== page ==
Is It All About the Fireworks and the Festivity?

Image by tammyatWTI from Pixabay

“What are you doing for July 4th?” This is a question that has been sprung upon me countless times in the last thirty years. I was not born in the United States and came here as a student in my early twenties, so it did take a few years for that question to sink in.

I was simply aware that America observes July 4 as its Independence Day. I barely knew about the euphoria that surrounds this holiday. As the years went by and my husband and I settled down in this country, I became aware of the fanfare associated with this event. Now this is something that I ask others as well: if they have anything special planned out.

Personal finance website WalletHub provides key holiday facts which are interesting, or should I say overwhelming? Americans plan to spend $7.7 billion on 4th of July food and more than $1.4 billion on beer and wine. Approximately 47.9 million people are expected to travel and spend the day away from home, and 59% will attend a picnic. The estimated amount spent on fireworks in 2021 was more than $2.4 billion dollars, and I believe that this year’s spending will be just as grand!

On the eve of Independence Day, a few thoughts randomly came to me. It is not unusual to think about freedom because it is the core concept in mind while celebrating a country’s independence. 

The US, being a melting pot of cultures, has embraced immigrants from all over the world. I still maintain that home is where the heart is. With my family thousands of miles away, my ties with India will never weaken. I miss the place where my roots are. But this nation has given me a lot, and I need to be grateful to its people for accepting me and for facilitating this playground in which to keep my identity intact.

With an open mind, I have kept my culture alive and practiced my religion without fear. This is my point of view, and I am confident that many others will be on the same page as me.

Citing just one instance, I would like to share how Diwali is celebrated at a particular temple in the Atlanta suburbs. It is now a yearly custom for the local mayor to come and inaugurate the ceremony. The national anthem of India is played amongst a teeming multitude of people spanning all generations. At that moment, one hardly feels that it is not the place in which they were born and raised.

While I appreciate the goodness around me, it also pains me to see the ugliness hidden in plain sight. We talk about diversity and acceptance, yet injustice lurks in the shadows, rearing its fearsome head. If fairness was universal, would the “Black Lives Matter” movement even surface? Why would minorities be marginalized, and why would hate crimes occur? 

When practically all human lives were already at stake in the wake of COVID-19, it is heartbreaking that George Floyd had to lose his life only because of the color of his skin. That too at the hands of those who were supposed to protect him.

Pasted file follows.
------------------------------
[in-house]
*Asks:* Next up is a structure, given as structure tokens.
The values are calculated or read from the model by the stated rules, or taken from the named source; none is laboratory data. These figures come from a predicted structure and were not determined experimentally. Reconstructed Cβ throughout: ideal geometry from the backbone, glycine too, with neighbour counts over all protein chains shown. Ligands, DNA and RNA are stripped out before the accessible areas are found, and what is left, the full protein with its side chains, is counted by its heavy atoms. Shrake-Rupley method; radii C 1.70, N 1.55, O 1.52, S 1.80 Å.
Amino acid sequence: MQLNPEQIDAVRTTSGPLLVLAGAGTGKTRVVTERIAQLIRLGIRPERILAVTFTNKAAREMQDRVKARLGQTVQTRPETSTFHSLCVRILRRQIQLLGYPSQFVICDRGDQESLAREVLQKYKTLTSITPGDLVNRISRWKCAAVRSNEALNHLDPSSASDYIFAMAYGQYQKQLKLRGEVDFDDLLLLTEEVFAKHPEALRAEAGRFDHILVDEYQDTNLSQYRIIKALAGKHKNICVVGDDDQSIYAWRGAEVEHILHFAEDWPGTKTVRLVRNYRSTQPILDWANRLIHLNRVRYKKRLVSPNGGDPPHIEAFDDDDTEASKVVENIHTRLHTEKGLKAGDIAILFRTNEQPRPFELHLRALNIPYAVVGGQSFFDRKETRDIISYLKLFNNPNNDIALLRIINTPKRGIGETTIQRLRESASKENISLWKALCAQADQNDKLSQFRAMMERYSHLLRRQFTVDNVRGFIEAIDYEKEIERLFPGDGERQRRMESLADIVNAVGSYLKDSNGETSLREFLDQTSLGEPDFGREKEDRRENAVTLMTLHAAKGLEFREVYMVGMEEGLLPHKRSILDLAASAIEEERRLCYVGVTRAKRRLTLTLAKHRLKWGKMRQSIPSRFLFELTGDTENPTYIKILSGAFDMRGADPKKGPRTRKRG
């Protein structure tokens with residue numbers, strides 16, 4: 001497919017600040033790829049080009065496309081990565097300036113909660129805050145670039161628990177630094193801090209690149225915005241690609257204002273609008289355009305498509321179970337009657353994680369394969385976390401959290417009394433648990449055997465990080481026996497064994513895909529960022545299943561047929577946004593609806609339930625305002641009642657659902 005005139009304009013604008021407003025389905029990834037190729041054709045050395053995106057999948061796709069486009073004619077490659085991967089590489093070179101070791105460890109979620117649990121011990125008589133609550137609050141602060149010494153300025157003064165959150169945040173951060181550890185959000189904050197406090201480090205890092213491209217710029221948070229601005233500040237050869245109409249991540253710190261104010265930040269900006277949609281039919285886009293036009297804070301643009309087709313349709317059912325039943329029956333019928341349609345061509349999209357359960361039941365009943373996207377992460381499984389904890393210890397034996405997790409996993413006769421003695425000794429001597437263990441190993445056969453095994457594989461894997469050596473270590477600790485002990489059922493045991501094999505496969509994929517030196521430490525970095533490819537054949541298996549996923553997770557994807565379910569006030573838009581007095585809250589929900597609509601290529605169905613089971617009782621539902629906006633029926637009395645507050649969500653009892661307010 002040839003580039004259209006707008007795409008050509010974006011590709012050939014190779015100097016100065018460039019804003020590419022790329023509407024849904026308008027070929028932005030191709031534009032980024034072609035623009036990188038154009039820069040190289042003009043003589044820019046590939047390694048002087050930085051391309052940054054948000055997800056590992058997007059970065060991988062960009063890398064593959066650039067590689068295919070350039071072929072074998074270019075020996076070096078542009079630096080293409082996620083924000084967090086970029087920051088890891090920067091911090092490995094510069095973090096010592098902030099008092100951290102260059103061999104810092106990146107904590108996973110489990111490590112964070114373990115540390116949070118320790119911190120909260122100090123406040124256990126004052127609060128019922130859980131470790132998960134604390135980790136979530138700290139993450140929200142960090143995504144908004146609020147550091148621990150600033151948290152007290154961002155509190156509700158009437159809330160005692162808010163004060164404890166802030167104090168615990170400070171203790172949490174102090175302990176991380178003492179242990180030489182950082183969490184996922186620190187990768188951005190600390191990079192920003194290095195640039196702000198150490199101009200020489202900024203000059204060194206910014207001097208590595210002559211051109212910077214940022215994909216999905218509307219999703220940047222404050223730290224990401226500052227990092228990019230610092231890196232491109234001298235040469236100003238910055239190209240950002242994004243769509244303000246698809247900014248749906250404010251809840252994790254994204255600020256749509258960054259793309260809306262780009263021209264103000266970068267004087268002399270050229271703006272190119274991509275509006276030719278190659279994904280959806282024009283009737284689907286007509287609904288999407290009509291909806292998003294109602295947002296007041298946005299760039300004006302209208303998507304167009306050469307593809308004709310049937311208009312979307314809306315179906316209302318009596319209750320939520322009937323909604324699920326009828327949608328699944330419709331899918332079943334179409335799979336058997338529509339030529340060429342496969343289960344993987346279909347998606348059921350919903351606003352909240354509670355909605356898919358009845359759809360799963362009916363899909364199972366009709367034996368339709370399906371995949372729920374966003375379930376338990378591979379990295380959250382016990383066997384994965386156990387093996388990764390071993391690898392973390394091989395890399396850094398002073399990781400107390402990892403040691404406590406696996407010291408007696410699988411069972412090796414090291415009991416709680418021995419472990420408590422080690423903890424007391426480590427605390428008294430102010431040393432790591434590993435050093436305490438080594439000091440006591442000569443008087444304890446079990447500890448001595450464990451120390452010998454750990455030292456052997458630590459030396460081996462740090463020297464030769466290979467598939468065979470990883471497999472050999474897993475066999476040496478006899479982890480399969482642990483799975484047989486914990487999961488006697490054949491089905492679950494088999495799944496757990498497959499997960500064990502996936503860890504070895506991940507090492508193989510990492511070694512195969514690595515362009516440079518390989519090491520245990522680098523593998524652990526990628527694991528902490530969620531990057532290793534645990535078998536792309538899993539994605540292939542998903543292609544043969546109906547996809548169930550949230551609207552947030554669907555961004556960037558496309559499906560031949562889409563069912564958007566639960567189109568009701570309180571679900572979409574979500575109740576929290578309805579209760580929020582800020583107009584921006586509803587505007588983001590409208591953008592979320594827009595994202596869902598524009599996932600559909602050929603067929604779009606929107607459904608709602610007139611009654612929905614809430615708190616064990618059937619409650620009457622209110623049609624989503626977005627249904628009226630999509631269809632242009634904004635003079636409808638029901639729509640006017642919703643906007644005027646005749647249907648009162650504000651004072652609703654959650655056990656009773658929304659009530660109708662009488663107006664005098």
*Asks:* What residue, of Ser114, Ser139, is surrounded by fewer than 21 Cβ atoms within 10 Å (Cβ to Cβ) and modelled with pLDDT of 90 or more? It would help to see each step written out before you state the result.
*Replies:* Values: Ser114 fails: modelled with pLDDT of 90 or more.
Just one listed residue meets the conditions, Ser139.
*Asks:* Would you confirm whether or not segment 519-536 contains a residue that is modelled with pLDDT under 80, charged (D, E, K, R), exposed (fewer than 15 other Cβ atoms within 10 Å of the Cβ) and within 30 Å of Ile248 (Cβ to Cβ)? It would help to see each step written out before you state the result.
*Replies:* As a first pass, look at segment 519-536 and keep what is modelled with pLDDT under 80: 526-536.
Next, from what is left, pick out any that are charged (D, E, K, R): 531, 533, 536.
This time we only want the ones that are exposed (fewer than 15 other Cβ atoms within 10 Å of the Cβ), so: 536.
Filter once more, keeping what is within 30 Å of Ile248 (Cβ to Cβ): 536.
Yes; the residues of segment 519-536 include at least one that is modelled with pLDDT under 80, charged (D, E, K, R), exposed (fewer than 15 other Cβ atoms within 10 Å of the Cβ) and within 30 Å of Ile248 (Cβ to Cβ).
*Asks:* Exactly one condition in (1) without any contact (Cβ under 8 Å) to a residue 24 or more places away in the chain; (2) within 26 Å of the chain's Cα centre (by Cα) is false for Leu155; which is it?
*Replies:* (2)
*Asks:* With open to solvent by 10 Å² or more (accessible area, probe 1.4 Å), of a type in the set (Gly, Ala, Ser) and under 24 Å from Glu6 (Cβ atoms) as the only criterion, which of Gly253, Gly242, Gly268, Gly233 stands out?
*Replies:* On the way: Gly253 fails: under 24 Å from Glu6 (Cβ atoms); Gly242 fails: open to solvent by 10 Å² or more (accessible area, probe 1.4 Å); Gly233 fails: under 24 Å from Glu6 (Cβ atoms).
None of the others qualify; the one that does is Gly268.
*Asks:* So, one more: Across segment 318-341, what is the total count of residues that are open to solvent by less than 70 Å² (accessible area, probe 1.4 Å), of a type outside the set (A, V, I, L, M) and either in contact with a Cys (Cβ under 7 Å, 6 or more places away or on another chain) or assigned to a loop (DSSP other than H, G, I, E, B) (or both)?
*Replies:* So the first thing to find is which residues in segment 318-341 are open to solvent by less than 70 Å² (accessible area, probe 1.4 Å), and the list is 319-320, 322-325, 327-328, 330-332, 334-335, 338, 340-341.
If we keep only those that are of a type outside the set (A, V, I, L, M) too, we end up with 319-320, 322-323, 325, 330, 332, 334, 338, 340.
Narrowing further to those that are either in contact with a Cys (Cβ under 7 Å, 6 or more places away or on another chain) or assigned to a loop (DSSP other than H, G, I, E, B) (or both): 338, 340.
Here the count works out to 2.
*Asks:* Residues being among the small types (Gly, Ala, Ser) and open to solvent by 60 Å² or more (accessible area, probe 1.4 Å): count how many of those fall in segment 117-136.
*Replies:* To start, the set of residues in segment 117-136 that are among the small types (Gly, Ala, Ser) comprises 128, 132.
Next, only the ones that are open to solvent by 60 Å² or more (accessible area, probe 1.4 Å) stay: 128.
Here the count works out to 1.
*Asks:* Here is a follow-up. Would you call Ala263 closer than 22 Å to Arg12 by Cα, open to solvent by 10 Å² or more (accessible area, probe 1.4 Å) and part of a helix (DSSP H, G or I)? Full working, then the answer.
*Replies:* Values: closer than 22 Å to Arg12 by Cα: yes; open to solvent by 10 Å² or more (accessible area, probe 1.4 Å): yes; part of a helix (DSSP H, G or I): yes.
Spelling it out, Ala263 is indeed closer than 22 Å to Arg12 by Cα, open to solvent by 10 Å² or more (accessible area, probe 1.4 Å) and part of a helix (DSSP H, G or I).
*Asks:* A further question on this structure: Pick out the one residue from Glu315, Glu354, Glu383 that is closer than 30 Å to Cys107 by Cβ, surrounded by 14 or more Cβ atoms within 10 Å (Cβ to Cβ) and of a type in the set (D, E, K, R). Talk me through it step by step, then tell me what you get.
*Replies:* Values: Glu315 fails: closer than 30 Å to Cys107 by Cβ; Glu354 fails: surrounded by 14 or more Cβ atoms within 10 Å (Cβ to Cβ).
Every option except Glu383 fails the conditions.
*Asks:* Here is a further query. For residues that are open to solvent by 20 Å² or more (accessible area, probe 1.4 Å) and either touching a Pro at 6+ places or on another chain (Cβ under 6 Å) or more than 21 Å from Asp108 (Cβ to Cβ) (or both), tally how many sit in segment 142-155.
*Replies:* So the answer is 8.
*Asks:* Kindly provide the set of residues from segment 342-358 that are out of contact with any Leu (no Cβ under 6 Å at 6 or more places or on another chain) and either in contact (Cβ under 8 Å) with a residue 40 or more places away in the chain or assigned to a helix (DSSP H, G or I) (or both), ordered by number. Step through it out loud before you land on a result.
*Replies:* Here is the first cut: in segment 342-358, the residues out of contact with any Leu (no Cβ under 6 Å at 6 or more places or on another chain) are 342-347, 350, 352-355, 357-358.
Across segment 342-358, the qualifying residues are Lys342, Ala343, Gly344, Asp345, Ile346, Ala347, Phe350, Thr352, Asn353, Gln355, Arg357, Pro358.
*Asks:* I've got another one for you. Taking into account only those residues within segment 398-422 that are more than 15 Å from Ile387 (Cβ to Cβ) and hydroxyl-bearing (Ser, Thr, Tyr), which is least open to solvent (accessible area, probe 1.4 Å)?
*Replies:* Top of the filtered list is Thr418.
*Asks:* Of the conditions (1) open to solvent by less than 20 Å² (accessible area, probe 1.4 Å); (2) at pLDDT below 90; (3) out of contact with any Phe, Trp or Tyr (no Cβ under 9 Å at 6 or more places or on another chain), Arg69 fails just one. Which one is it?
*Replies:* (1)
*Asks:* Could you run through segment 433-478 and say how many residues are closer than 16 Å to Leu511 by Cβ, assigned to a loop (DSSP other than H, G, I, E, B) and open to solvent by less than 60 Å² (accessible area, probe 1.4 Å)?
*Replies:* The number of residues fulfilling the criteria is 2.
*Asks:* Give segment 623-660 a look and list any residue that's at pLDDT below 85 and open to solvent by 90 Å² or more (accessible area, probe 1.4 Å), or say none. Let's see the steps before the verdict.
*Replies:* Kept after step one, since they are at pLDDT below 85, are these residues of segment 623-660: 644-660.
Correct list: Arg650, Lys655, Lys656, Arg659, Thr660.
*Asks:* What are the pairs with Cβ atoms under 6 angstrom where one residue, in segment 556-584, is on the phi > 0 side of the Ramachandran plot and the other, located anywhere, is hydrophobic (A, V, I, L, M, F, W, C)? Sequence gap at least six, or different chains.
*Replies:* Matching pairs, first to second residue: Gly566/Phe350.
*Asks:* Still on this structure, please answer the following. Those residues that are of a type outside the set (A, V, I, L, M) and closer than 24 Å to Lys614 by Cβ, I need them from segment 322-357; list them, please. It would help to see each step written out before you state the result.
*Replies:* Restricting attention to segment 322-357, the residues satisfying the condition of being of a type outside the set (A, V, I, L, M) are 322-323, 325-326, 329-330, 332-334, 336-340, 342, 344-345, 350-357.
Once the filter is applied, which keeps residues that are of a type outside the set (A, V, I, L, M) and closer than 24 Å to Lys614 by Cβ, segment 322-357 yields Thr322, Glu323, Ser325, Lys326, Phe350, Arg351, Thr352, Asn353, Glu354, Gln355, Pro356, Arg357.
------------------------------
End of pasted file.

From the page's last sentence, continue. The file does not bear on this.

I have never demonstrated any political affiliation by openly being a Democrat or a Republican, and I have steered away from making any political posts. However, I can’t stay away from touching upon the most recent Supreme Court decision which overturned the 1973 landmark case Roe v. Wade. The court ruled that the right to have an abortion is not enshrined in the US Constitution. This judgment can only be described in one word: “regressive”. How can we talk about feminism and female empowerment when women do not even have the right to make their own decisions about their own reproductive health?

The tumultuous Supreme Court decision came ten days prior to the festivities that the country is preparing to celebrate its freedom. What independence we are talking about remains the nagging issue!

Like any other year, the stage is set for the joyous occasion. But many questions remain unanswered. Does liberty exist, and are we citizens blessed with all social, political, and economic rights and privileges as the term suggests? We need to seriously ponder over this, for July 4 is much more than those fun-filled picnics, the scrumptious BBQ meals, and the dazzling fireworks that light up the evening sky!

1 Comment

  1. A wonderful article, Rashmi. You had asked me about our plans for the 4th of July. I grew up in this country and in so many previous years, I have celebrated the 4th like many others, although I have never really been very fond of fireworks. This year, however, is different. After the last few years, and especially the recent events, I no longer really have the heart to celebrate. My husband likes the fireworks so we will probably watch the ones from D.C. on TV, but I do so halfheartedly. Frankly, if it was up to me alone, I would not be celebrating at all. America is turning into a country I hardly recognize anymore, and it’s very sad.

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